The number of patients waiting 12 or more hours in Huddersfield and Calderdale A&Es has rocketed in four years.

The number of patients left waiting for half a day or more rose sharply from 22 in 2011/12 to 108 in 2015/16.

That’s just short of a five-fold increase, according to official figures published by NHS Digital.

Over the period the proportion of people spending 12 hours or more in A&E has grown from one in 6,146 attendances (0.02%) to one in 1,341 (0.07%).

Calderdale and Huddersfield Foundation Trust, which runs Huddersfield Royal Infirmary and Calderdale Royal Hospital, Halifax, said less serious cases were having to wait so doctors could deal with critically ill patients.

Trust Head of Emergency Care Dr Mark Davies said: “Every trust in the country is seeing rising numbers of patients, especially elderly patients, and we are all trying to deliver care with is timely and appropriate.

Dr Mark Davies

“Obviously the most urgent conditions will be seen first which may involve longer waits for patients with less serious conditions.”

Dr Davies repeated the trust’s call for those with non-urgent conditions to seek help from the NHS by dialling 111 or use other services.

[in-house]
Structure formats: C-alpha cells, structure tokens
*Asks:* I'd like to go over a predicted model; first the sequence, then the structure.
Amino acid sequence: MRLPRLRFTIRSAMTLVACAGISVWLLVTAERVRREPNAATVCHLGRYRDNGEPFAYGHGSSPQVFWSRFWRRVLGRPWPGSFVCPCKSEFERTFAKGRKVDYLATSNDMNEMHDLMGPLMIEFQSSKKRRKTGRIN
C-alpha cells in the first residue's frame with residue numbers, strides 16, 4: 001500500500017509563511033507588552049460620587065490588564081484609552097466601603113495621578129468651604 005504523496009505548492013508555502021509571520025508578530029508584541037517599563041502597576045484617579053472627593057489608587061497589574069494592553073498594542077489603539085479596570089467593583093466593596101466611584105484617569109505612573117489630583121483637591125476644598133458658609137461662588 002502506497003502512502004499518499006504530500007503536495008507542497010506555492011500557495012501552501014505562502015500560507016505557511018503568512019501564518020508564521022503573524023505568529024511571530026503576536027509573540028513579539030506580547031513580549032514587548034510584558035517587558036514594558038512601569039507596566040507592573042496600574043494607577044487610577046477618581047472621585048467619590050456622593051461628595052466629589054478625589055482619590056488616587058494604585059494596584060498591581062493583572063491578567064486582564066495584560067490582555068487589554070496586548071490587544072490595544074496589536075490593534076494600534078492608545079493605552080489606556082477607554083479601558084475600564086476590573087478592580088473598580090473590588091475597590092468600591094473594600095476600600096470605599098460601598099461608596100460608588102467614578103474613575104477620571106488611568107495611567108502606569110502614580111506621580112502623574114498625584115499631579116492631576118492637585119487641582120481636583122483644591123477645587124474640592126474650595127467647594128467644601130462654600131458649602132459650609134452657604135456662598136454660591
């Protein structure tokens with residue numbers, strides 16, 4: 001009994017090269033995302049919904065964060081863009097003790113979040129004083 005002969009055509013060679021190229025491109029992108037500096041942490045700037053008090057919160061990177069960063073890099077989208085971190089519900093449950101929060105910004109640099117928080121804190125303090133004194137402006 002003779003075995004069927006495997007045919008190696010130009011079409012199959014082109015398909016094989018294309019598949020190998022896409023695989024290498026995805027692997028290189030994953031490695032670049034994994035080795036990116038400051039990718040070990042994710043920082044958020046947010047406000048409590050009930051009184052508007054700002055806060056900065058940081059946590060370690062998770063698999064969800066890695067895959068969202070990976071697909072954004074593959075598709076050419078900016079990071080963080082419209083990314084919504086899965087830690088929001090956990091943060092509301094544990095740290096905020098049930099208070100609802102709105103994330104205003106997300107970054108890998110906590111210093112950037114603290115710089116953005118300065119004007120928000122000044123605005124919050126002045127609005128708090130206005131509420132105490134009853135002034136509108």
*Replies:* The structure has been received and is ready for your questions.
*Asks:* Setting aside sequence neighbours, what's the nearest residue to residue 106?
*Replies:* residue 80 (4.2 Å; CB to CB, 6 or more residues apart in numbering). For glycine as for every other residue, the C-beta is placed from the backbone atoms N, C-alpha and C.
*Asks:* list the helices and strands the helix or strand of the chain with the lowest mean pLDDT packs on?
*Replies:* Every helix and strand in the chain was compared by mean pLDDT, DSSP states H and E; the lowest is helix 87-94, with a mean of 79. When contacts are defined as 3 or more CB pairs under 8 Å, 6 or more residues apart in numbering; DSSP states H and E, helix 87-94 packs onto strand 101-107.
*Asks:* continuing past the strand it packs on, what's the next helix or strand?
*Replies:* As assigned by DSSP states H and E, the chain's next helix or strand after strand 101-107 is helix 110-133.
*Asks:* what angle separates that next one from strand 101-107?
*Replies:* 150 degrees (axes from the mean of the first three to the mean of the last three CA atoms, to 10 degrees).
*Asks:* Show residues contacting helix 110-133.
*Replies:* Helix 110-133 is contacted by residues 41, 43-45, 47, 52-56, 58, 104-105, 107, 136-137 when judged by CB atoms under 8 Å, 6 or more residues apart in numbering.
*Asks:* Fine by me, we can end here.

He said: “Members of the public can also assist by using their A&E for serious conditions and emergencies only.”

Across England last year, there were 185,017 A&E attendances of longer than 12 hours compared to 48,128 in 2011/12.

Those aged 90 and over are the most likely to spend 12 hours or more in A&E, with one in 24 attendances by this age group lasting 12 hours or more (4.1%).

This is up from one in 73 attendances (1.38%) in 2011/12. This possibly reflects the more complex needs of older people, meaning they may be more likely to need to be admitted, as well as increasing pressures in terms of finding beds for them.

There were 20.5 million attendances recorded at Accident and Emergency in England during 2015/16. This was up 4.6% from 19.3m in 2014/15.